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The Dais of God and Christ

 THE SETTING RIGHT of every matter and act is a question with which God will deal ere His ultimate is attained. Even in the case of the saints it is not a matter which is avoided or evaded. The Great White Throne judging will effectually settle all matters as regards those who appear before its session, but none who can claim the salvation which is in Christ Jesus, by faith, will be among the number who will stand there. At the dais of God the proceedings are entirely different from those at the Great White Throne, and in the case of the saints there are features which are entirely lacking in the case of those who come before the Great White Throne. What eventuates from the dais is not therefore to be compared with it, for it is God's saints who appear before Him (Rev. 20:11-15).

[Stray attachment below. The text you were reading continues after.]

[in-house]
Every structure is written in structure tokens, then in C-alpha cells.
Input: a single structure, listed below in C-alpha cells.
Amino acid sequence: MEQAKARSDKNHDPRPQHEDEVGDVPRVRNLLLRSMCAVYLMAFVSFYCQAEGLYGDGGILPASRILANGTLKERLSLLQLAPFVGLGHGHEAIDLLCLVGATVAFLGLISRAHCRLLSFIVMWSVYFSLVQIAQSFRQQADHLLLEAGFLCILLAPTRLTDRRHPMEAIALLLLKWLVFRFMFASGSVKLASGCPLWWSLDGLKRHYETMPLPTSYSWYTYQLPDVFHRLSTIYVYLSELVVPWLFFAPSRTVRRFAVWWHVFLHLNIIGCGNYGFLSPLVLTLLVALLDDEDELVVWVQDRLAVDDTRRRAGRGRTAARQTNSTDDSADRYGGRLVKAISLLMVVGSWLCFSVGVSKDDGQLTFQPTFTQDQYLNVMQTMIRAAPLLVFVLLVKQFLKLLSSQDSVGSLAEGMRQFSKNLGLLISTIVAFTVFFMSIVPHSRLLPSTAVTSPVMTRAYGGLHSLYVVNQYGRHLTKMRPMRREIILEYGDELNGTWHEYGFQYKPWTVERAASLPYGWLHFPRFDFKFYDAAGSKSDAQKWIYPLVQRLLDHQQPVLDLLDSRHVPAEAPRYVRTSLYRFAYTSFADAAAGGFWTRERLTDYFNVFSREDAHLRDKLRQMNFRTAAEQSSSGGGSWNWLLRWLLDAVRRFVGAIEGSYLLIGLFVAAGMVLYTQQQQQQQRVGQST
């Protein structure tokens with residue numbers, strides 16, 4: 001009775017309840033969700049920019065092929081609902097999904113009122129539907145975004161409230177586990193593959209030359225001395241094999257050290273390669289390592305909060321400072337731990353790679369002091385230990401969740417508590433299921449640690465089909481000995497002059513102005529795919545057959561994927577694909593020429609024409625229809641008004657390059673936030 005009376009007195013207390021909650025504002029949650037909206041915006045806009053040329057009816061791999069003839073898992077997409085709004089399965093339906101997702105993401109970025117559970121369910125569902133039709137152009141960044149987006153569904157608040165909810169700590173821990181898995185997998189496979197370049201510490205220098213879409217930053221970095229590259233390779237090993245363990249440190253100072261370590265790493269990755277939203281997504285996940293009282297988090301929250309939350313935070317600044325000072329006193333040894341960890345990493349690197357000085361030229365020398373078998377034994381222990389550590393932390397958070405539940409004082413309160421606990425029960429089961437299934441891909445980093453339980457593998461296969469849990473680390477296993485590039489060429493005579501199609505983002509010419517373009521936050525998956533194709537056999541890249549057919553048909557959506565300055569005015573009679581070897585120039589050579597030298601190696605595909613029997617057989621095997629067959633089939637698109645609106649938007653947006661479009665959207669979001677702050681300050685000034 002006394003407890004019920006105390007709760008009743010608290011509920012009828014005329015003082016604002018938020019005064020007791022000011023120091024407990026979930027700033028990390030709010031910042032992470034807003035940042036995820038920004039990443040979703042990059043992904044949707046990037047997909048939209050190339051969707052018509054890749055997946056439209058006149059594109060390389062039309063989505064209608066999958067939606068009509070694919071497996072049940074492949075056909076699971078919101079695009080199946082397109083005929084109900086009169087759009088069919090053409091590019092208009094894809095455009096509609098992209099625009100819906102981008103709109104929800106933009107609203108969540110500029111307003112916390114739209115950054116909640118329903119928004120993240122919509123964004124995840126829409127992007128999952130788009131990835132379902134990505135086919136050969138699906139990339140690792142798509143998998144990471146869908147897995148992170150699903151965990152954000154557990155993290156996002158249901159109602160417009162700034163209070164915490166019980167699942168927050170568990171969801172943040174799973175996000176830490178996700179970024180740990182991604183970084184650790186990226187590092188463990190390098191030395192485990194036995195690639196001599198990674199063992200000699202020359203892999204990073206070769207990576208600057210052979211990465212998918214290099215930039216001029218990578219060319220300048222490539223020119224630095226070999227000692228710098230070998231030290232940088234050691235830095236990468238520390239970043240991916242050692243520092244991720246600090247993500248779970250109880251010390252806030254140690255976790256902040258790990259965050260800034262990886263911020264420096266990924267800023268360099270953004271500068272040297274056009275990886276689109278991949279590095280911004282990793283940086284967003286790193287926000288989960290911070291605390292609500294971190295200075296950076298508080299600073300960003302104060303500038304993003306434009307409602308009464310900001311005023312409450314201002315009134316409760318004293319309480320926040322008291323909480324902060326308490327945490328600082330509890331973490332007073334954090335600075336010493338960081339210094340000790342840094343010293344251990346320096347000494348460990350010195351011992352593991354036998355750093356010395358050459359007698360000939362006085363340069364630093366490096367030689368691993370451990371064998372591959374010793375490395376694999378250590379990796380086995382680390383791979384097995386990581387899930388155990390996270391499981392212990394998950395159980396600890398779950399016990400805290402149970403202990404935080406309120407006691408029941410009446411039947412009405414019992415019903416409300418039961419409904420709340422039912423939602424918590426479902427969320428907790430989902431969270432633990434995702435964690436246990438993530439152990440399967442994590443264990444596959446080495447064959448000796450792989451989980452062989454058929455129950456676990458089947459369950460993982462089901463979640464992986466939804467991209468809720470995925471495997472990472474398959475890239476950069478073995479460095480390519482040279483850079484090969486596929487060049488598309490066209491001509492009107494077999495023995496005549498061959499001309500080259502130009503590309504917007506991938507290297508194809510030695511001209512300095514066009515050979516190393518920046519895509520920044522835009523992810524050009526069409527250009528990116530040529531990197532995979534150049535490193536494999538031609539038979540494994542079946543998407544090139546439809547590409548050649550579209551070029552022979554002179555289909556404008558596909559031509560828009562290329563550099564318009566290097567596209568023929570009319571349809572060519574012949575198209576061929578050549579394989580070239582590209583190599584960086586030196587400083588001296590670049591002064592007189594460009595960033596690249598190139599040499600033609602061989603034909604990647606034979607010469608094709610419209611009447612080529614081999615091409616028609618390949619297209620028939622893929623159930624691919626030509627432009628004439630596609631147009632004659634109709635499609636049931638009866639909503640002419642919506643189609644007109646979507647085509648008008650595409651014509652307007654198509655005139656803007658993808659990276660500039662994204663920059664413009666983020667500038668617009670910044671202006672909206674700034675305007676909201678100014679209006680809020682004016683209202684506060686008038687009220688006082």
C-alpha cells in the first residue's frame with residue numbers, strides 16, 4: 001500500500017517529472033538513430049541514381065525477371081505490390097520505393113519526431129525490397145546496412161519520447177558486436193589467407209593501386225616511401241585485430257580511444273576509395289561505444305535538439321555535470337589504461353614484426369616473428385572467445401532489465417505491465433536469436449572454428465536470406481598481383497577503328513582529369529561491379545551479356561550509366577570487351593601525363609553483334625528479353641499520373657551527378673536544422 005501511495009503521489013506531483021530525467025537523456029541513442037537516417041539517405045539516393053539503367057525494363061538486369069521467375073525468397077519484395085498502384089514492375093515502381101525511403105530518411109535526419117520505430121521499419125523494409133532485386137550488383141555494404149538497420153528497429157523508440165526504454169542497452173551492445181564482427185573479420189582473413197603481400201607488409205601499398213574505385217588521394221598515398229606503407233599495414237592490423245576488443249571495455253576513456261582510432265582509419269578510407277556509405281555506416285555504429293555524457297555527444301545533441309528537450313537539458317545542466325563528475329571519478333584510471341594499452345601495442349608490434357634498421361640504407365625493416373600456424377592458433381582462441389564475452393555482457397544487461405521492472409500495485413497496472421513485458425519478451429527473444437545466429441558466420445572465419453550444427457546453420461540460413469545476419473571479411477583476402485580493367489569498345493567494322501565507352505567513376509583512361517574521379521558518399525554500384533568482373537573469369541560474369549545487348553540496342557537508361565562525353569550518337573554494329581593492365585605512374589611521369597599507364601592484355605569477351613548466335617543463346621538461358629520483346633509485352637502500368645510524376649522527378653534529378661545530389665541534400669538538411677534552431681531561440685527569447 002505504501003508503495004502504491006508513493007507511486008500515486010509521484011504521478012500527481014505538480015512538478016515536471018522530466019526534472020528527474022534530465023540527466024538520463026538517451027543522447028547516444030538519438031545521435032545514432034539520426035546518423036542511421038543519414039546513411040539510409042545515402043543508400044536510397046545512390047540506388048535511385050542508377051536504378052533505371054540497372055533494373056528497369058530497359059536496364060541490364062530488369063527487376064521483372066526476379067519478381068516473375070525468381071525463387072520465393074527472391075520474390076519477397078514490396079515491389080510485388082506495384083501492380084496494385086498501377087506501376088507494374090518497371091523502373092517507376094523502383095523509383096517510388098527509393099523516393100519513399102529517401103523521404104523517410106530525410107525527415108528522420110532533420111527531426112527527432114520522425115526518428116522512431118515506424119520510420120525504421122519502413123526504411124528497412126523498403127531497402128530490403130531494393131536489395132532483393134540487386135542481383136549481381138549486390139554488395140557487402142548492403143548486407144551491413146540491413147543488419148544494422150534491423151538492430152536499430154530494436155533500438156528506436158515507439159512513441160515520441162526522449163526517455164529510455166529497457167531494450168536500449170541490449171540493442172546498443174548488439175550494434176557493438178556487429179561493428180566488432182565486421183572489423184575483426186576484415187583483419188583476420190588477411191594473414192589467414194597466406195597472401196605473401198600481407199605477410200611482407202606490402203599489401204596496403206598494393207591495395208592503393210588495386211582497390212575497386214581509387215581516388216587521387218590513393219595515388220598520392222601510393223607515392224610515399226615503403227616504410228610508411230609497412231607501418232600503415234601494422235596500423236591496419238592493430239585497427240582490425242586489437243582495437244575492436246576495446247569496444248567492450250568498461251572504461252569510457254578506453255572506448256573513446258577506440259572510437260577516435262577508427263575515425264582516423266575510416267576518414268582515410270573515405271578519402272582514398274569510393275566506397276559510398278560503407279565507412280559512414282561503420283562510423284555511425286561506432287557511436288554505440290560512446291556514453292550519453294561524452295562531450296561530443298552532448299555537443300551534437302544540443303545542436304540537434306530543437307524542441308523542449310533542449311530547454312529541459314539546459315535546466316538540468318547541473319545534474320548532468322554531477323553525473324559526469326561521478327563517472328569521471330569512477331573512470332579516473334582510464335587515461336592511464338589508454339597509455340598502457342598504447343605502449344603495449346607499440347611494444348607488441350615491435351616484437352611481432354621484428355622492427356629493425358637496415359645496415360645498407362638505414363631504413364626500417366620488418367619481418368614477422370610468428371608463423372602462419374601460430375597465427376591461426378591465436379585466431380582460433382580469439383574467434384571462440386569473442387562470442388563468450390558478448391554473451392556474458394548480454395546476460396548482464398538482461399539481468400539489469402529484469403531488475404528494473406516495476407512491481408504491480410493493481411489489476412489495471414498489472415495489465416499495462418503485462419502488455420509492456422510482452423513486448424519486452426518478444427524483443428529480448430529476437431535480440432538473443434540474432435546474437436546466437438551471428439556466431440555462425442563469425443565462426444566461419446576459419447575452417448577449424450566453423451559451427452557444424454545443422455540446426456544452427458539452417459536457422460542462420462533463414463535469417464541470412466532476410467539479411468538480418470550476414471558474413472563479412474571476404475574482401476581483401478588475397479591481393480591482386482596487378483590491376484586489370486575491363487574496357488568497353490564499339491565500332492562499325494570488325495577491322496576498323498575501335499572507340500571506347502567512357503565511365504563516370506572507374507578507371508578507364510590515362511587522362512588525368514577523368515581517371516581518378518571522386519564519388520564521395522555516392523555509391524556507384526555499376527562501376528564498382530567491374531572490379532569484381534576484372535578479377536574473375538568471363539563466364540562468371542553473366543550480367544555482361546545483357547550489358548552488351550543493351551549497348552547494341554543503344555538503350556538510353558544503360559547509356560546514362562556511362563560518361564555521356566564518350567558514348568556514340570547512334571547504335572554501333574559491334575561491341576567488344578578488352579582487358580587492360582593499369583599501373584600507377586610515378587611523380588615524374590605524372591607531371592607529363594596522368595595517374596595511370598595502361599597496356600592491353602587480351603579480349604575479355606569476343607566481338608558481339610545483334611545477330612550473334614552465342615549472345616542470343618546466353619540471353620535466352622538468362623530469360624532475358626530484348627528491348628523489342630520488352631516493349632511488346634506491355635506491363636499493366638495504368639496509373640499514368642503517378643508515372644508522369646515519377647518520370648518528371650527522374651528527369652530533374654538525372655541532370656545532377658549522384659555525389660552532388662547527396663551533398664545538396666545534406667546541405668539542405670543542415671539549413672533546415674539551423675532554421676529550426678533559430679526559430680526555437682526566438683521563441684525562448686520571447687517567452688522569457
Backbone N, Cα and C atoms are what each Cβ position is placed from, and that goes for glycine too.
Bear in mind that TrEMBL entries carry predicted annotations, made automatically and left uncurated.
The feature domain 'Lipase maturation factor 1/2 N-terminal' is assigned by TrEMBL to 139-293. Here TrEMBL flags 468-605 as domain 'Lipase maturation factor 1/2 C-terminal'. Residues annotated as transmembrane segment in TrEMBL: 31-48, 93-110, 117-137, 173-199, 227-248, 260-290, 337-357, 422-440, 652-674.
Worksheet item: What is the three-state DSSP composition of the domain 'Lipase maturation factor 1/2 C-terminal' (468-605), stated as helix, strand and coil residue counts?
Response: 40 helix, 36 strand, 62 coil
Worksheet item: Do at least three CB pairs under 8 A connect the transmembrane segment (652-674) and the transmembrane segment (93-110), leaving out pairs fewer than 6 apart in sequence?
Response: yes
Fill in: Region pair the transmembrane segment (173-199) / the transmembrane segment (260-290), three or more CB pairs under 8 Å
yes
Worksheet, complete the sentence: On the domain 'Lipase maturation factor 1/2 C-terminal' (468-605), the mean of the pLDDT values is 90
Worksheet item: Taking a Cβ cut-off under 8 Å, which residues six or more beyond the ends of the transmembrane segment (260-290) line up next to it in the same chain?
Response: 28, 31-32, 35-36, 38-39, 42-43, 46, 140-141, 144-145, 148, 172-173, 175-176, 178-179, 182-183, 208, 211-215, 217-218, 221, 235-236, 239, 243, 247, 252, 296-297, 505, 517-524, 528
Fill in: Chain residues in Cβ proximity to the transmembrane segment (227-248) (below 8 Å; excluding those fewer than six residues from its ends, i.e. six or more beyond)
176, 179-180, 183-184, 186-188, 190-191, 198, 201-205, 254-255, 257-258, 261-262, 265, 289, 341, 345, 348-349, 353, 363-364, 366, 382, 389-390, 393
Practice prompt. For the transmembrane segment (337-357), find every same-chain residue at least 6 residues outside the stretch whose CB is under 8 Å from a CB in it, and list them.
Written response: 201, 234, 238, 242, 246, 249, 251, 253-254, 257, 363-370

The evangel has taught us that we enjoy the greatest possible benefits through it, and these may be tersely summed up in that precious statement: Nothing, consequently, is now condemnation to those who are in Christ Jesus (Rom. 8:1). We readily rejoice, then, that our God, in Christ Jesus, has so firmly and irrevocably settled that problem to our blessing and His own glory. We cannot come into any position which will minimize salvation or take it from us. Salvation is not decided before the dais, and it is not in any sense in question there. Why, therefore, do we read of our presentation at the dais of God (Rom.14:10), and our manifestation at the dais of Christ (2 Cor. 5:10)?